Last month, personal information of nearly 10,000 Vietnamese people was put up for sale on a forum known as R, an incident which has caused public anger as many fear that such data will be used for nefarious purposes.
According to reports, a newly registered user on R looked to sell 17 gigabytes of data including names, dates of birth, profile pictures, email addresses, phone numbers and identity cards.
The post is now removed from the forum and the incident is under investigation, but danger remains.
According to the National Cyber Security Centre, based on the structure of the leaked data, it can be concluded that such data came from services that require users to submit their personal information, such as online borrowing services and cryptocurrency accounts.
In another incident in 2018, payment information of 5 million customers, including credit card information, was stolen from the system of The Gioi Di Dong (Mobile World) and shared publicly by a member of the R forum.
The following year the forum posted the information of 2 million users (including phone numbers, email addresses and ID numbers) of a Vietnamese bank, which could be downloaded for free. Many stated that the R forum is considered the “playground” of hackers, where the buying and selling of stolen data usually takes place.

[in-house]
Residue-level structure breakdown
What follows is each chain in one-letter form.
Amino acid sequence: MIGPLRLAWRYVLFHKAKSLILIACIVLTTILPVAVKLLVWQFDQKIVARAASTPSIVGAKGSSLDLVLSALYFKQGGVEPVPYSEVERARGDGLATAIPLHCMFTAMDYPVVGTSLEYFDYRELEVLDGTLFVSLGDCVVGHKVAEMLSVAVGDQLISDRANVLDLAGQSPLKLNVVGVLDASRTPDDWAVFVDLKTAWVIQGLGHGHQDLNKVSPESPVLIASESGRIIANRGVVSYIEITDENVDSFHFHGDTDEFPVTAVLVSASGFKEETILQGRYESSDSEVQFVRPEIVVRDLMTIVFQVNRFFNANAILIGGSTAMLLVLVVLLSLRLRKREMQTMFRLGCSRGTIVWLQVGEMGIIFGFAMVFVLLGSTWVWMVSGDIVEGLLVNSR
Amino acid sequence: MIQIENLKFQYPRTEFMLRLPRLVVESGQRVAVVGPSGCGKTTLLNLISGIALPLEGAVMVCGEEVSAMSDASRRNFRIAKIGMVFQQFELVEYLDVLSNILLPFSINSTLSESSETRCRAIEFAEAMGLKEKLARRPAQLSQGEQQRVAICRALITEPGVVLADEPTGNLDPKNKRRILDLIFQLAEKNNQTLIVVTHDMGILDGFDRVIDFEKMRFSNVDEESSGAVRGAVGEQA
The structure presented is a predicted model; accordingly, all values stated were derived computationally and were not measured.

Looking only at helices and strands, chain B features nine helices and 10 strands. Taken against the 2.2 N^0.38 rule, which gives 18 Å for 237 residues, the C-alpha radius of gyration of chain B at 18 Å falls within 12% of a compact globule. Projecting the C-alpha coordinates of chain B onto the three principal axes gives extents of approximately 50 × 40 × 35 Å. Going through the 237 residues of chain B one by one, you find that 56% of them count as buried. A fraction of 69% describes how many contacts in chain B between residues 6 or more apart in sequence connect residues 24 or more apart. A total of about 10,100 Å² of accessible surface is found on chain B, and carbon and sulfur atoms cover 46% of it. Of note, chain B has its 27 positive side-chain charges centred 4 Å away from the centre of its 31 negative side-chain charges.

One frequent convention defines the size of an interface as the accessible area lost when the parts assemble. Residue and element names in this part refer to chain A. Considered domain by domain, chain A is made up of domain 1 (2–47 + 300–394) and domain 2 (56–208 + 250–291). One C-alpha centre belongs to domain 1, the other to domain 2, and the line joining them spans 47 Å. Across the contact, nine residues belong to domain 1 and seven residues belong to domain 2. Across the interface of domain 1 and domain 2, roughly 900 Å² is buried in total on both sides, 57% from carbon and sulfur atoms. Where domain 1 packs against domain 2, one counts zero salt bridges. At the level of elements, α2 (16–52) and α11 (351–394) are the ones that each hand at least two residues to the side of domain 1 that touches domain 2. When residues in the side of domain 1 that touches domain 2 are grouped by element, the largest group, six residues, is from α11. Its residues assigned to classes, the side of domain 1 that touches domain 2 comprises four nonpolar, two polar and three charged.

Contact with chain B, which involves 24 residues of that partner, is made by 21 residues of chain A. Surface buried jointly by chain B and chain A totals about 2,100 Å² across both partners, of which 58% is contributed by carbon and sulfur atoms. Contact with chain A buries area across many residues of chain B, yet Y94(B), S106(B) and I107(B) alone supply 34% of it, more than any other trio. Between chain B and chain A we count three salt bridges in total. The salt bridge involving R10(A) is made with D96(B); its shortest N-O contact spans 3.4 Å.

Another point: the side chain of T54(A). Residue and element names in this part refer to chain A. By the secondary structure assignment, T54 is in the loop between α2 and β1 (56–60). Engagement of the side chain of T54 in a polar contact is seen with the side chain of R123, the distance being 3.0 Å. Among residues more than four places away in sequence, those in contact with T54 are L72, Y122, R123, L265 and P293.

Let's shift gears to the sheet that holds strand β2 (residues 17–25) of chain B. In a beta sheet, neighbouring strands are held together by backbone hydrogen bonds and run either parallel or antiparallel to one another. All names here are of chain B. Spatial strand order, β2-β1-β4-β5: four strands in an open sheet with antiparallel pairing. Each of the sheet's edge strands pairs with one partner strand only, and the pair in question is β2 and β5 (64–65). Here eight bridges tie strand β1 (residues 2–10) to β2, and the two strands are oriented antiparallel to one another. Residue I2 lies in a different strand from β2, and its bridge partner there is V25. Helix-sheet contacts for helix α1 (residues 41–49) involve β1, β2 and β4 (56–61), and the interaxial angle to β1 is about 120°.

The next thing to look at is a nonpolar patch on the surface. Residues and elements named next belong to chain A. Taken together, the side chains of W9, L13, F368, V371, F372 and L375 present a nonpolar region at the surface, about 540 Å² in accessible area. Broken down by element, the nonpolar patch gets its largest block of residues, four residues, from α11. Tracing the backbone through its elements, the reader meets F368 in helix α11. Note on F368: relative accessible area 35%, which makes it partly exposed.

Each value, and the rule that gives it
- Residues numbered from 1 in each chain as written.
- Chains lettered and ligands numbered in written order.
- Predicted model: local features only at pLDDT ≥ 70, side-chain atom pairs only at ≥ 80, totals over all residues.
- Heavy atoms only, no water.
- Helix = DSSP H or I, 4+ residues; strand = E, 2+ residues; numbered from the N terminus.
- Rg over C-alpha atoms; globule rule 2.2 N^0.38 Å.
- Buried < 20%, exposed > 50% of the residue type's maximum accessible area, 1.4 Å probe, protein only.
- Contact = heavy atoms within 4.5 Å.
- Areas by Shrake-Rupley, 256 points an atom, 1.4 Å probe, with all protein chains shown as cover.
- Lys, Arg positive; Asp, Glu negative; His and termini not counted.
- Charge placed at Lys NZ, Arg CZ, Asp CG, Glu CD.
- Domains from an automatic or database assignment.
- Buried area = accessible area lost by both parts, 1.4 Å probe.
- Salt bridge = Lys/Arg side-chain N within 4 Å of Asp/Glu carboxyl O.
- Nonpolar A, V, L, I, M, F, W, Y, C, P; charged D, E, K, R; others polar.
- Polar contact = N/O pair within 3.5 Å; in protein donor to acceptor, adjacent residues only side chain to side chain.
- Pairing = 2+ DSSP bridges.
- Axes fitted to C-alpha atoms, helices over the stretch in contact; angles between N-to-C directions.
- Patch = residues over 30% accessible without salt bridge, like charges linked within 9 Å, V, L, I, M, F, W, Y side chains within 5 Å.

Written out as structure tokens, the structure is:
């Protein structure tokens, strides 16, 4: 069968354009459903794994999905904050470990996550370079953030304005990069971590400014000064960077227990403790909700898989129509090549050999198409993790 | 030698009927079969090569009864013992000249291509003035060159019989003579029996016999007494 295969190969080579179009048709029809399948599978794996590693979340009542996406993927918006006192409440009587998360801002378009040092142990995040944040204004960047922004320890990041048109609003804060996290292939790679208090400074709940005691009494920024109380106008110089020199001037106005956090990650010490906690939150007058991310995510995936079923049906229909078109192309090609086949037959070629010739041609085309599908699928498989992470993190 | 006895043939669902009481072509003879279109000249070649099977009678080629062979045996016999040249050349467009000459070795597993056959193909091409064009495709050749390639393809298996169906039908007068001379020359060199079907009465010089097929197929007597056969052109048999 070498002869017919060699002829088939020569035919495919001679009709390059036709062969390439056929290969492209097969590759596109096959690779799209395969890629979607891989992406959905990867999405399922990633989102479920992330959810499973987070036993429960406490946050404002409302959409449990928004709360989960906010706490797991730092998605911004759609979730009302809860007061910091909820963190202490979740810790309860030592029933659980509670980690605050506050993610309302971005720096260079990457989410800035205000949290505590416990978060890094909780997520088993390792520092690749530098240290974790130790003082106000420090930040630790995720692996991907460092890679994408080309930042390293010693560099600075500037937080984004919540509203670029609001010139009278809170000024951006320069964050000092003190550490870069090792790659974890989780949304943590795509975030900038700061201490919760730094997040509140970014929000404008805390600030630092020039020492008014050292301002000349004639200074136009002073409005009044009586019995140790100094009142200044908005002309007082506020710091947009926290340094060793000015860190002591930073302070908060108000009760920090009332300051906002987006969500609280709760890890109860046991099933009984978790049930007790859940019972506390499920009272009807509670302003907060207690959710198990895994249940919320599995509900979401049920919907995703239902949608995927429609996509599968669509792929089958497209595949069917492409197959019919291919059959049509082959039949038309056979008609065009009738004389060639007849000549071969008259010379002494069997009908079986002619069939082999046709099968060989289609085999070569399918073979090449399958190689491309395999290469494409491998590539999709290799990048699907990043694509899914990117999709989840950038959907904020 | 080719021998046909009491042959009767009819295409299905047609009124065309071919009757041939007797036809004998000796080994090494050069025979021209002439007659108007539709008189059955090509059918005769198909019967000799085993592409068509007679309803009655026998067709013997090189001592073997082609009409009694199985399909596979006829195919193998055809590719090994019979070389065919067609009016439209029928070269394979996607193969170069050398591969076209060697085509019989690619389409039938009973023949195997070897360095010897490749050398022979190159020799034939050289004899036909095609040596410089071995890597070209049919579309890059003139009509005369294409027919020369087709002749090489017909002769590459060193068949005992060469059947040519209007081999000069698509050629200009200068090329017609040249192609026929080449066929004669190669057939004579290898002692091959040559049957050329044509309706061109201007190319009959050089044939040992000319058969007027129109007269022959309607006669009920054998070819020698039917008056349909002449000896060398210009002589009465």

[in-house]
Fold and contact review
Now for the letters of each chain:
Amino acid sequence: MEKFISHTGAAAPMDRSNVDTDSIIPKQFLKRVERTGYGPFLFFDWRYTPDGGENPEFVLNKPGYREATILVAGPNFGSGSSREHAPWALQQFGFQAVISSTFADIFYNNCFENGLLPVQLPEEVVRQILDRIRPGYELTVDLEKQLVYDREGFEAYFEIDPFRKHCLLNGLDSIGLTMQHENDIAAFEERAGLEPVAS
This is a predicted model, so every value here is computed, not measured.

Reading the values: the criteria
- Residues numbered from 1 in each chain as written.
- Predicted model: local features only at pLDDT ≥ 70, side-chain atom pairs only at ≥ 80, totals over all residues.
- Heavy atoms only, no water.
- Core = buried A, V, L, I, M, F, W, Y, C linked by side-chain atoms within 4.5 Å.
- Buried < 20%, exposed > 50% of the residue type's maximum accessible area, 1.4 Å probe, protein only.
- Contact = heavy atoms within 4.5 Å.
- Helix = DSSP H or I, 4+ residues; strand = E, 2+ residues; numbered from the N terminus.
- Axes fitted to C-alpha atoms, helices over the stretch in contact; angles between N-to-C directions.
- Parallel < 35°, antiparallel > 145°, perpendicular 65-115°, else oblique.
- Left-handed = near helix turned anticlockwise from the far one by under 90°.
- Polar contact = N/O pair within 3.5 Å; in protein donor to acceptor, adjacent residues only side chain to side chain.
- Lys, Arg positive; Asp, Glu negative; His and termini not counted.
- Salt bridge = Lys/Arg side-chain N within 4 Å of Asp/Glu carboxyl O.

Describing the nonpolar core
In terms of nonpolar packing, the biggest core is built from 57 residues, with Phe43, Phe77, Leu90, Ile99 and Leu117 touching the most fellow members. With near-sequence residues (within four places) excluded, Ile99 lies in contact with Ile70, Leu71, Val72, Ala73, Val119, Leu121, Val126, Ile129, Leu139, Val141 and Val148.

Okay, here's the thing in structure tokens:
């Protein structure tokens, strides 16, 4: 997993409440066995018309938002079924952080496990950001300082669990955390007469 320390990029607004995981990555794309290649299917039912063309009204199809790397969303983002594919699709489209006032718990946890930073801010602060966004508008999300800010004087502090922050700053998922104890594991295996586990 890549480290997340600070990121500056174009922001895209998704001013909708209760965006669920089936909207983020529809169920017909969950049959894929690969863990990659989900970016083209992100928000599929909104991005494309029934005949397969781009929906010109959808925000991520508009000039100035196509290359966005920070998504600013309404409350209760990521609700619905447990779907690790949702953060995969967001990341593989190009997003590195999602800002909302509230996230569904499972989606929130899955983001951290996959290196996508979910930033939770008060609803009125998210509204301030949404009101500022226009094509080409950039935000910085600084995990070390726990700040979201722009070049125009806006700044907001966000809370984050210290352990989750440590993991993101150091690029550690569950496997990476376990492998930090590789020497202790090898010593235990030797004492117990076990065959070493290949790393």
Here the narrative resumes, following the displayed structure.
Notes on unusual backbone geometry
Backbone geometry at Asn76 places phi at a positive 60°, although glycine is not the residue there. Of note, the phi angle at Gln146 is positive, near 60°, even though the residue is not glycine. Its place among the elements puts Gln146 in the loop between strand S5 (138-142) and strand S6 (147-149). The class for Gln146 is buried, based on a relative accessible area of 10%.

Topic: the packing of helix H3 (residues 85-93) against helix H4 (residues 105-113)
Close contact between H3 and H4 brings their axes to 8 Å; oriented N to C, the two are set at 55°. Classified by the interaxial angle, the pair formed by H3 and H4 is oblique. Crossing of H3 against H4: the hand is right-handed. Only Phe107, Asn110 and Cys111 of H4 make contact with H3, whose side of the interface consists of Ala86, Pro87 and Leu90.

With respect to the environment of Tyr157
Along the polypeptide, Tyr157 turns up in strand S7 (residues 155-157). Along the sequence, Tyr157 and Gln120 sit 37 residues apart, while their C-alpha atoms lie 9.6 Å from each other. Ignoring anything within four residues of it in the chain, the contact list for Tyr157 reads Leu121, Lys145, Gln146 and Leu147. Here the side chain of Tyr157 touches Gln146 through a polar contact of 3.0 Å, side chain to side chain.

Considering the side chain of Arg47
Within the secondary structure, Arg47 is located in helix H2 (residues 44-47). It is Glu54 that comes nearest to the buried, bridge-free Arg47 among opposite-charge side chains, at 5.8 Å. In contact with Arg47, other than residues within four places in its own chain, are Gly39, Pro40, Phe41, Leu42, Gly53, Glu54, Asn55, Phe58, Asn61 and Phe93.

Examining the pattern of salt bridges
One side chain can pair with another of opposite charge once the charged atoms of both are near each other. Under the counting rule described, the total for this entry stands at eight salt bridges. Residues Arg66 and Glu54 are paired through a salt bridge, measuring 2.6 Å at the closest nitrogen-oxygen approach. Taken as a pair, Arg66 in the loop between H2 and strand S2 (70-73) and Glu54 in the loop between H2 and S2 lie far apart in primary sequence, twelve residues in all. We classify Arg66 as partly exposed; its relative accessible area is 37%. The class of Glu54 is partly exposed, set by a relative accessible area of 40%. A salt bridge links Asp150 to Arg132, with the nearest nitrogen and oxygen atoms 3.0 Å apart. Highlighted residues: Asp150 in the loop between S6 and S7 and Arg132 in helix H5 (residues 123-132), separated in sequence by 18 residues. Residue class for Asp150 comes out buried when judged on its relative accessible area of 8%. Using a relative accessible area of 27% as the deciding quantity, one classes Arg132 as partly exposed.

Such incidents have sounded an alarm, requiring each individual, unit and organisation to take data security more seriously.
At many organisations and enterprises, digitisation and electronic transactions are becoming more common, raising the question of information security.
Online service providers in particular need to periodically review the operation of their system so as to promptly detect and fix vulnerabilities and minimise the risk of attacks and information theft.
For individuals, it is a fact that many are rather easy-going in signing up for accounts for online forums and services, providing their personal information such as phone numbers, ID numbers, bank accounts and even one-time verification codes. The sharing of such information gives evil-intentioned people opportunities to collect user data for malicious purposes.
To protect themselves, users should be cautious when providing their personal information to others. Upon detecting signs of fraud, they need to report to the authorities immediately. Users should only sign up for the services of licensed companies to avoid losing their money and personal information. When all individuals, units and organisations focus on enhancing security, the risk of data leaks and theft will be gradually minimised.